Poland improves its standing in European Court of Human Rights caseload

The number of pending European Court of Human Rights (ECHR) cases in which Poland is one of the parties has dropped from 900 in 2012 to less than 100 in 2019, reported Poland’s “Dziennik Gazeta Prawna” (DGP) daily citing Szymon Janczarek of the Polish MFA’s Department of Implementation of the ECHR Rulings.

Among the most urgent issues that Poland has managed to solve were, as listed by Mr Janczarek, “overcrowded prisons and limitations imposed on owners of housing units liable to regulated rent.”

For her part, Katarzyna Wiśniewska, head of the Helsinki Foundation for Human Rights Precedents Programme, said that another important issue pointed out by the ECHR that has already been solved was that of “compulsory stays at nursing homes.” Regarding the latter, patients’ mental health now must be regularly examined to make sure his or her stay at the nursing house is justified.

Mr Janczarek went on to explain that in 2019 there was a figure of 0.48 ECHR complaint per 10,000 citizens. The outcome looks promising, given that the average for 47 member states of the Council of Europe amounted to a figure of 0.53 ECHR complaint. This shows that Polish complaints filed to the ECHR constitute 2 percent of all complaints submitted to the international court.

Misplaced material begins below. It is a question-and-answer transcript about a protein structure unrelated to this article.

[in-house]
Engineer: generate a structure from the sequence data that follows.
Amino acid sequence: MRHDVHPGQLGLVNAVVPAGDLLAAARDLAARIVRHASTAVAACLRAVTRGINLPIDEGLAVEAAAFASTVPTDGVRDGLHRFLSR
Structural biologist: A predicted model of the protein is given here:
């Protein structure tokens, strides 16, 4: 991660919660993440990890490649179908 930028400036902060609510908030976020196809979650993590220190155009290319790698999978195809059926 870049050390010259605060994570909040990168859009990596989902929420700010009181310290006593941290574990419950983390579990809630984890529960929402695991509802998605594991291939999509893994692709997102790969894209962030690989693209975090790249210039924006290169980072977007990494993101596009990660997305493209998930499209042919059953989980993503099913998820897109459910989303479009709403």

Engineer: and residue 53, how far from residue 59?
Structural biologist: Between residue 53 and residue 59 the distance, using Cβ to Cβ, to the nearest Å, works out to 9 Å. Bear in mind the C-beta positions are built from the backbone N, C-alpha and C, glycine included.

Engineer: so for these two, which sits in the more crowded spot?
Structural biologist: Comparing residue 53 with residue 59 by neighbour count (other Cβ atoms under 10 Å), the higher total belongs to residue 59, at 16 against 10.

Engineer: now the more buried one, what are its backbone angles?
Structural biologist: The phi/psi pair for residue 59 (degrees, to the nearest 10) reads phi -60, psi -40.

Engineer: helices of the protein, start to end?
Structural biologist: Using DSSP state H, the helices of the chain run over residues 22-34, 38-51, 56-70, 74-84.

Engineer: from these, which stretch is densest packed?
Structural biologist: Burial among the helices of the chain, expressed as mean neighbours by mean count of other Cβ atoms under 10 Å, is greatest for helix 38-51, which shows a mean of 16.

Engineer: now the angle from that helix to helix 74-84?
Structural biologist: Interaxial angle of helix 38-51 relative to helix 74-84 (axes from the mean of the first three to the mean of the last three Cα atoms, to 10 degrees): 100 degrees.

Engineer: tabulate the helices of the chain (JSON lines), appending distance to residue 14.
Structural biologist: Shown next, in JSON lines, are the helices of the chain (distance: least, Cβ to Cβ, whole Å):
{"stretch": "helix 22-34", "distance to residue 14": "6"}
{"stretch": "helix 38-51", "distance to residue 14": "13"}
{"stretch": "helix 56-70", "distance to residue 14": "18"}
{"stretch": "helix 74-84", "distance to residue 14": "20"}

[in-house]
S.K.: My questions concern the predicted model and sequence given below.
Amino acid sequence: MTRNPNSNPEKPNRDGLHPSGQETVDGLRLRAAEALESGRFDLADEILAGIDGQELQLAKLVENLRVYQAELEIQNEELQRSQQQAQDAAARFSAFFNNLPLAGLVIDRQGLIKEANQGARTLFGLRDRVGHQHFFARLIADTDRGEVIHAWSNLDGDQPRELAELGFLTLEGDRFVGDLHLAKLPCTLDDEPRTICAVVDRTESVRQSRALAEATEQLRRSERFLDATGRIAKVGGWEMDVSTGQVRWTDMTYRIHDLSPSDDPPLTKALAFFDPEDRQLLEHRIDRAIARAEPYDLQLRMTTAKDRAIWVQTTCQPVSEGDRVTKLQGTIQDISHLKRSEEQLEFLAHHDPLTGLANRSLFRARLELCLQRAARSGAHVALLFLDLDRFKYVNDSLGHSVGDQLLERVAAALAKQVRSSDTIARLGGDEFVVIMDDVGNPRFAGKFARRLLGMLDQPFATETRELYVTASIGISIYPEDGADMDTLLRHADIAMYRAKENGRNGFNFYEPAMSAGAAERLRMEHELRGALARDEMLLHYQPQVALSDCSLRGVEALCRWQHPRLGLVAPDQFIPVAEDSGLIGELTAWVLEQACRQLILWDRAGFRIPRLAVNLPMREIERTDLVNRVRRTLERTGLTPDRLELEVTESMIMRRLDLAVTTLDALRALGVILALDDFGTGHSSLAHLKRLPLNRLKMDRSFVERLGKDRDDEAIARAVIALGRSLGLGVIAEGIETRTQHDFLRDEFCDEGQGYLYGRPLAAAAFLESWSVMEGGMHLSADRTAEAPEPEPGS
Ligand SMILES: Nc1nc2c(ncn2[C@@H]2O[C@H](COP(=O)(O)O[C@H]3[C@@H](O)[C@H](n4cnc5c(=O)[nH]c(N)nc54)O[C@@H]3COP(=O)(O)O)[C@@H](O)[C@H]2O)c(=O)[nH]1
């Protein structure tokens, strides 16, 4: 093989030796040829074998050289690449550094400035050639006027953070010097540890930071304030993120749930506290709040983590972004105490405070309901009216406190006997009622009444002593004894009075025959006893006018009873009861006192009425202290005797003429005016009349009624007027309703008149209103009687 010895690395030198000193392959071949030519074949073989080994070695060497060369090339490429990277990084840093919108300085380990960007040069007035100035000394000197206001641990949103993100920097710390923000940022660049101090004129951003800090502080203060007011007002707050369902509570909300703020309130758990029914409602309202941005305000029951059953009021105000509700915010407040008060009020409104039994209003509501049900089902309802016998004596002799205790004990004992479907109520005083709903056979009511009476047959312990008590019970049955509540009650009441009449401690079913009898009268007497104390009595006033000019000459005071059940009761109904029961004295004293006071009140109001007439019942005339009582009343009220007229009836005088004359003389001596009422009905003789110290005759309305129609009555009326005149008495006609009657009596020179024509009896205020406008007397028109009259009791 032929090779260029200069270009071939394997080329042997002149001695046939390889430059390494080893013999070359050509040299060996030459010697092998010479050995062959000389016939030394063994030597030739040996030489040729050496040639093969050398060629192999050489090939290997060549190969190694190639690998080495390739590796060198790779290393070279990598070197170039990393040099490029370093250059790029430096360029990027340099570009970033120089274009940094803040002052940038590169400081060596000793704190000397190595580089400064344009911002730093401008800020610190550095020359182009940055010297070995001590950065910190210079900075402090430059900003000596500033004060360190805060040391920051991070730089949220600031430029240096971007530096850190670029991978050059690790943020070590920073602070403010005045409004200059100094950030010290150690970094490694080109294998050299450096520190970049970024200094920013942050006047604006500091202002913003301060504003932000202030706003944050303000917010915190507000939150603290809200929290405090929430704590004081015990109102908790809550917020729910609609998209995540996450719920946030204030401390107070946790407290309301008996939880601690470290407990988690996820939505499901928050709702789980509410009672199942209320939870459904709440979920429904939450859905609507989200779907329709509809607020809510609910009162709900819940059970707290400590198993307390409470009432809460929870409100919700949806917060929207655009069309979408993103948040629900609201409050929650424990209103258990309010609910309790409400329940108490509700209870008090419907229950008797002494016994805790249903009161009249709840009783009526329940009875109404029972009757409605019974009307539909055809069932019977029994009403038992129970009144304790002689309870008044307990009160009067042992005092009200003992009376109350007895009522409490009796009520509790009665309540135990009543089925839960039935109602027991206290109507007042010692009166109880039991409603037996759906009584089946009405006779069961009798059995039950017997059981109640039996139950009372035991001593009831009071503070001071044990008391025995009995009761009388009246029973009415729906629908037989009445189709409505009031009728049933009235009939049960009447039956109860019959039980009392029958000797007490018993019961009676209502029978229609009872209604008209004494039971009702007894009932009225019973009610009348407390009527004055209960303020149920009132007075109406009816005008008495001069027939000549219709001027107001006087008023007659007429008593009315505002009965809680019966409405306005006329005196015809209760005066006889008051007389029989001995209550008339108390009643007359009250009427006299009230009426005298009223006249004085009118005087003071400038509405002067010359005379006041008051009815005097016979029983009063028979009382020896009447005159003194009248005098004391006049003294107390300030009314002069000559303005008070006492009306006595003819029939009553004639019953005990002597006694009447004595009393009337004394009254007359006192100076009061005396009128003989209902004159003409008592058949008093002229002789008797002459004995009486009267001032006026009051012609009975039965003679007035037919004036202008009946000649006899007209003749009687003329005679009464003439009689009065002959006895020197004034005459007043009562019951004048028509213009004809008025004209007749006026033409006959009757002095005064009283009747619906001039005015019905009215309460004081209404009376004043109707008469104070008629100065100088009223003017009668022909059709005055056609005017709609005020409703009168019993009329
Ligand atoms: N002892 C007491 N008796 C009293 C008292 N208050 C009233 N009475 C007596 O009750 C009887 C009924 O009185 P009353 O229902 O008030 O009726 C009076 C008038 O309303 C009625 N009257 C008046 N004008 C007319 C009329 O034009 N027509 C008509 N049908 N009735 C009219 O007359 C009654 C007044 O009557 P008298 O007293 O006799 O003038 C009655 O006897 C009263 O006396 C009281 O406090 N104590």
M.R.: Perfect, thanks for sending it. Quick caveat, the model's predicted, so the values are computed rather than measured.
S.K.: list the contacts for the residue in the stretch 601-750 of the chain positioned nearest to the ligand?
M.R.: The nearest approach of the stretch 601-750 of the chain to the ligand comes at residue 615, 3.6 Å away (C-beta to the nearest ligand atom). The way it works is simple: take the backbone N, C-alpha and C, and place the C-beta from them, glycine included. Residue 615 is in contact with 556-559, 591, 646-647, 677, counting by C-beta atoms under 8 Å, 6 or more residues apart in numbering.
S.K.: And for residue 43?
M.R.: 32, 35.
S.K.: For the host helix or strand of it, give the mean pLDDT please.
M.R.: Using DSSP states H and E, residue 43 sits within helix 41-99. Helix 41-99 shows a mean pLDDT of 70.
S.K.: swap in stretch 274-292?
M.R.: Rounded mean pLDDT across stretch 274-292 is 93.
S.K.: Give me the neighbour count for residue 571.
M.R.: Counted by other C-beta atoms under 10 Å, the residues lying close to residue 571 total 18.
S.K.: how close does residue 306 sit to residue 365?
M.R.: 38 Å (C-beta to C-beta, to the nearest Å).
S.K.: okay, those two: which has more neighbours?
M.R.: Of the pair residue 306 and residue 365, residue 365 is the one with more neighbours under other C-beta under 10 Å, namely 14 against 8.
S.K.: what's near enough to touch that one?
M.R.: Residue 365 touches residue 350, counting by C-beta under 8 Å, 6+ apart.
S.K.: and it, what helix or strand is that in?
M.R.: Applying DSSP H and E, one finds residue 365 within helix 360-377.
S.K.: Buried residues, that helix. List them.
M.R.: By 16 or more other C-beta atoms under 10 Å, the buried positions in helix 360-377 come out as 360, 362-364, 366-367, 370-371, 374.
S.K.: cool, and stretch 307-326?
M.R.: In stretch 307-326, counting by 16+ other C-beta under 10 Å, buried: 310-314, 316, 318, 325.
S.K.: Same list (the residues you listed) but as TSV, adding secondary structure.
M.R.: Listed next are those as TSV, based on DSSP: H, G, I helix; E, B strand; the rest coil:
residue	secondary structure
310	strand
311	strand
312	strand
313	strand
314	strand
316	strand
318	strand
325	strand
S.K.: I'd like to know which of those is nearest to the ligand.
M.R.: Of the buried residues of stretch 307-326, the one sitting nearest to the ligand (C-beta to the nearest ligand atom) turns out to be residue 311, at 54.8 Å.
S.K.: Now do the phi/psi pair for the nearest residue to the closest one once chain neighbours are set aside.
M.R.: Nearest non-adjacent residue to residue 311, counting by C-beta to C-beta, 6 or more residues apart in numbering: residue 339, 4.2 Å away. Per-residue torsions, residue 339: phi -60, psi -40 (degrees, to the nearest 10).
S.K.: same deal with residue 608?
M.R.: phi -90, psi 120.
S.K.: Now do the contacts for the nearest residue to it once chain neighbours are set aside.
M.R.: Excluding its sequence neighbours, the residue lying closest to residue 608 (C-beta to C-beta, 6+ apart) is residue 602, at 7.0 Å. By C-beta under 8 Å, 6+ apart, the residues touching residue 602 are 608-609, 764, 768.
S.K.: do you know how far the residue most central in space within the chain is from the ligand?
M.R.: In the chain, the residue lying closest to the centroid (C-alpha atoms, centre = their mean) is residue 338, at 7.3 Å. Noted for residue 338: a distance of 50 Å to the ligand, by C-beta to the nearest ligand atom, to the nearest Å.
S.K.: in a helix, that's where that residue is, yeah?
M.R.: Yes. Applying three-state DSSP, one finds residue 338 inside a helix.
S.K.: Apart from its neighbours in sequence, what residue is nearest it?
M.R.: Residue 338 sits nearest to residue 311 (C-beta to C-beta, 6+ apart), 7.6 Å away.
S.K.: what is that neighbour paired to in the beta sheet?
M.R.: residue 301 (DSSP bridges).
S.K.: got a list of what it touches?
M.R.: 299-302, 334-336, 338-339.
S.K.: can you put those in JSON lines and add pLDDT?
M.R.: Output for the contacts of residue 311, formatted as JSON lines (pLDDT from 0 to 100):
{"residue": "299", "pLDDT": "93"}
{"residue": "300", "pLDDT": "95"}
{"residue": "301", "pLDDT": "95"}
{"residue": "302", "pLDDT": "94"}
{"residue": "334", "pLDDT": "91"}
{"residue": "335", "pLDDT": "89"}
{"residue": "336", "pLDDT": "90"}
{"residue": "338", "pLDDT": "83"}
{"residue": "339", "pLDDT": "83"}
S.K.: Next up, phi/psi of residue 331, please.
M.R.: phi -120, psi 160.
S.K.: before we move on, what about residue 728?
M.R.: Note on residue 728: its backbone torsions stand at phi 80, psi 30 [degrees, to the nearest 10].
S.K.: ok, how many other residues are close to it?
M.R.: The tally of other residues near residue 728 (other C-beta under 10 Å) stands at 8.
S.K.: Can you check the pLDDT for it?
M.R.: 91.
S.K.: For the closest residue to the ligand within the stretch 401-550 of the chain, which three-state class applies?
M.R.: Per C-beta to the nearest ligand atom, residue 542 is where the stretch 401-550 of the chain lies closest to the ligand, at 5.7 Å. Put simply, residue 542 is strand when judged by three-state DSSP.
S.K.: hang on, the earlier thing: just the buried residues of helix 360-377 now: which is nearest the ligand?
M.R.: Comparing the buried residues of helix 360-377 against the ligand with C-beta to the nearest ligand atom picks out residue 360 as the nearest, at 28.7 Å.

“Poland is not one of the countries that generate more workload for the ECHR,” Mr Janczarek told DGP.

The daily newspaper wrote that Poland has 29 ongoing leading cases to date pending implementation, which is 35 percent of the total number of leading rulings issued by the ECHR over the past 10 years. That is far less than Russia, which has 218 unresolved cases (89 percent), Turkey with 153 (63 percent), and Ukraine with 116 (67 percent).

However, Poland performed worse than Lithuania, Germany, Slovakia, Norway, the Czech Republic and Denmark in terms of the implementation of ECHR rulings on leading cases.

As Mr Janczarek said, “execution of ECHR rulings is not just a matter of a state’s good will. States are obliged [to execute the rulings] by Article 46 of the European Convention on Human Rights.”

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